Zubulake was not the first e-discovery case to impose sanctions. Dan H. Willoughby, Jr., et al., “Sanctions for E-Discovery Violations: By the Numbers,” 60 Duke L.J. 789, 794 (2010).
Mr. Willoughby explains that that distinction belongs to Wm. T. Thompson Co. v. Gen. Nutrition Corp., 593 F. Supp. 1443, 1455 (C.D. Cal. 1984)(relying on court’s inherent power and Rule 37).
At that time, sanctions were only sporadic. Willoughby, Sanctions for E-Discovery Violations, 60 Duke L. J. at 794. However, things changed. The number of sanctions decisions began to rise in 2003 and 2004. By 2010, “E-discovery sanctions [were] at an all-time high.” Id. at 790.
This led to a series of “[m]arquee e-discovery-disaster cases.” Willoughby, Sanctions for E-Discovery Violations, 60 Duke L.J. at 790.
Qualcomm Inc. v. Broadcom Corp., became the poster child for sanctions. “In 2008, a U.S. Magistrate Judge ‘properly incensed’ at counsel’s conduct, imposed $8.5 million in sanctions and referred six attorneys to California Bar Counsel for possible disciplinary action…. That decision received wide publicity. On review, however, the district judge ruled that the magistrate judge had erroneously analyzed privilege issues, prejudicing the sanctioned lawyers, and vacated the sanctions decision. A fifteen-month period of discovery followed during which seven engineers, four attorneys, and two paralegals were deposed…. Following a three-day hearing, the court determined that the attorneys, although they acted in bad faith, should not be sanctioned. While the court remained critical of the previously sanctioned attorneys, the court also described ‘an incredible lack of candor’ by their former client in its discussions with them. By the time the sanctions were lifted, however, the attorneys’ careers and personal lives had been devastated.” M. Berman, et al., eds., “Electronically Stored Information in Maryland Courts” (Md. State Bar Ass’n. 2020), 279-80.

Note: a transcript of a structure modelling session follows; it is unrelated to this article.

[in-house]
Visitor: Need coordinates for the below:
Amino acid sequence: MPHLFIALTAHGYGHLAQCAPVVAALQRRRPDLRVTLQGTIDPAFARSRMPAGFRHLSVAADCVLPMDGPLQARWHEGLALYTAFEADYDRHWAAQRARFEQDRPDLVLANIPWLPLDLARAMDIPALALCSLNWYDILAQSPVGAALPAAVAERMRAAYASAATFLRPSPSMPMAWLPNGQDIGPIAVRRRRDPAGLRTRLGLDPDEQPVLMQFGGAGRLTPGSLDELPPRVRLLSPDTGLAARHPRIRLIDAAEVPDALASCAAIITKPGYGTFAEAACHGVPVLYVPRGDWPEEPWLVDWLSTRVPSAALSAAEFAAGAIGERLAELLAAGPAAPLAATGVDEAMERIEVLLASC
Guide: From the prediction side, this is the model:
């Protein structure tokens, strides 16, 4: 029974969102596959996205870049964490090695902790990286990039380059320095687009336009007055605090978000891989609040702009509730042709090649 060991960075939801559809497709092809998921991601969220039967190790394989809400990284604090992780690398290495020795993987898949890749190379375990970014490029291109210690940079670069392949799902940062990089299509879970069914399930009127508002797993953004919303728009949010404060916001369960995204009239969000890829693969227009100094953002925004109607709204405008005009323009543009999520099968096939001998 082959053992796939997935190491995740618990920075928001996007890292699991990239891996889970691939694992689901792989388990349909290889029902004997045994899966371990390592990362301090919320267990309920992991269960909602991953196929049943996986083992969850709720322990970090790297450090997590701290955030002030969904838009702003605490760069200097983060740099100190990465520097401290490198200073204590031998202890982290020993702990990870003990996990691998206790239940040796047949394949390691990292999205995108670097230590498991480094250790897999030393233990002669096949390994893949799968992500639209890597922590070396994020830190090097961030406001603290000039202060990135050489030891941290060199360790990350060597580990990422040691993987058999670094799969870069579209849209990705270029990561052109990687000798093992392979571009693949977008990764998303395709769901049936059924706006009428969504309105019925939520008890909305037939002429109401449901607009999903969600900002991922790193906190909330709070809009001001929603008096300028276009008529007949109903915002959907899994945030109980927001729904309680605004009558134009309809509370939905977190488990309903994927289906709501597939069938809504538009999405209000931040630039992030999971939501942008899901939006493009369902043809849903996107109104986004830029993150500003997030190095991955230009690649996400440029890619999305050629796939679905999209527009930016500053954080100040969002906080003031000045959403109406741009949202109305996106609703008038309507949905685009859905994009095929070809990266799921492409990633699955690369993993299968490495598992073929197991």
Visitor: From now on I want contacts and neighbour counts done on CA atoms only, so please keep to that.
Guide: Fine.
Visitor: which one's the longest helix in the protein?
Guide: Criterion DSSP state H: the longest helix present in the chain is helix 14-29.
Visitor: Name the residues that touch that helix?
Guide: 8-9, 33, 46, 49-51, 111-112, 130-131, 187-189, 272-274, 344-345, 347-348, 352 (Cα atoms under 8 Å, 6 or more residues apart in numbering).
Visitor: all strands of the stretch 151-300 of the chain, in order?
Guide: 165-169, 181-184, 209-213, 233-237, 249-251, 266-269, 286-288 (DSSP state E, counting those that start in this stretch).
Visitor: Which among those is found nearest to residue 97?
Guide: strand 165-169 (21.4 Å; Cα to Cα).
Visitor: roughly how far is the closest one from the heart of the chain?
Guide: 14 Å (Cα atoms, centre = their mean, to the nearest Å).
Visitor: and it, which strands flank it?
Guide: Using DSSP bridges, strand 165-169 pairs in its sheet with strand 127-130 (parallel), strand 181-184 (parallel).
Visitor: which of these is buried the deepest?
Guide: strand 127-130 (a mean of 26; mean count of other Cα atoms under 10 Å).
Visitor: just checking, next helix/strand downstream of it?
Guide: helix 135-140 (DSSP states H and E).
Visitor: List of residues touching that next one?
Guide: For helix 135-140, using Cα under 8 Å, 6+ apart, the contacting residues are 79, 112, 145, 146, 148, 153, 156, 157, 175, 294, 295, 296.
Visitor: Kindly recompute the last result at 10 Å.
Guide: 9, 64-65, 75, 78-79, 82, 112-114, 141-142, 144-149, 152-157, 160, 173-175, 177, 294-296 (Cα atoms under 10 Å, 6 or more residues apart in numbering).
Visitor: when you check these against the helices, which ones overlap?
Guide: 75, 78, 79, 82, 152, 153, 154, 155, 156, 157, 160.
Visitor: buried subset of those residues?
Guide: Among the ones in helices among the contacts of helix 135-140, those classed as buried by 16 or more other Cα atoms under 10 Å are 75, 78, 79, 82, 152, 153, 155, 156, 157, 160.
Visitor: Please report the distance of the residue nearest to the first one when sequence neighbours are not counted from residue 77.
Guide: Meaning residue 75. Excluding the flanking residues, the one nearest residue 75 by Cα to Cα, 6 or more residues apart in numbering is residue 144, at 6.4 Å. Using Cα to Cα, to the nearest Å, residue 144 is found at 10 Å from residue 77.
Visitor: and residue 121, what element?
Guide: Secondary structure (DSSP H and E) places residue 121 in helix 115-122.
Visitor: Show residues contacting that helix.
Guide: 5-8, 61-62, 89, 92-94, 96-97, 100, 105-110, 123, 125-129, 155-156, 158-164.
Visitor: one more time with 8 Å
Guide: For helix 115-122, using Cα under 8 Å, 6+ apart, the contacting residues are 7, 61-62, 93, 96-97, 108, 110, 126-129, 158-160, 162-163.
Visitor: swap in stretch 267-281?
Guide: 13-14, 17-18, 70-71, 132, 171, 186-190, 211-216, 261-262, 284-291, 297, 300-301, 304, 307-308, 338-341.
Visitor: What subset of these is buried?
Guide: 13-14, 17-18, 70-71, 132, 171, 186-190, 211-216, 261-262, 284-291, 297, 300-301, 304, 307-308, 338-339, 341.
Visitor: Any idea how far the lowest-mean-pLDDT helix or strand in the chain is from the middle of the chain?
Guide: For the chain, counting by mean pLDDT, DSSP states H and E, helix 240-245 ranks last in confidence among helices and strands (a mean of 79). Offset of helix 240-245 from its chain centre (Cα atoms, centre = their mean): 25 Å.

Post-Qualcomm, attorneys sent preservation demands asking opponents to “preserve everything” and to refrain from booting up computers. Berman, ESI in Maryland Courts at 18. The cost of litigation soared. Id.
Civility also suffered. Suddenly, civil litigators could strengthen or win their cases by asserting that opposing counsel had failed to implement and monitor a litigation hold. This became a civil analog to a “Brady motion” in criminal law. Berman, ESI in Maryland Courts at 278, What Does “The Making of a Surgeon” Have to Do With ESI and “Software Glitches?”, and M. Berman, “The Sedona Conference Cooperation Proclamation” ABA Technology for the Litigator.
In December 2015, with the amendment of Fed.R.Civ.P. 37(e), the pendulum began to swing back. That amendment is designed to dim the marquee lights and cabin the federal spoliation doctrine.
“There are good reasons to approach sanctions decisions with great caution.” Berman, “Electronically Stored Information in Maryland Courts” at 277-78. They often arise in an unclear context. While they may be necessary and appropriate, they may negatively impact civility and unfairly destroy careers. Id. Qualcomm demonstrated that there is a substantial risk of error for which the impact could be irreparable. Id. at 279.
For an early discussion of “discovery about discovery,” also known as “satellite discovery” or culpability discovery, see The Hon. Paul W. Grimm, M. Berman, et al., “Discovery About Discovery Does the Attorney-Client Privilege Protect All Attorney-Client Communications Relating to the Preservation of Potentially Relevant Information?,” 37 U.Balt.L.Rev. 413 (2008).
History is important.
 2008 WL 66932 (S.D. Cal. Jan. 7, 2008), vacated and remanded in part, 2008 WL 638108 (S.D. Cal. Aug. 18, 2008), reconsideration denied, 2008 WL 2705161 (S.D. Cal. Jul. 7, 2008), appeal dismissed, 327 F. App’x. 877, 2008 WL 1336937 (Fed. Cir. Aug. 18, 2008), on remand, 2010 WL 1336937 (S.D. Cal. Apr. 2, 2010).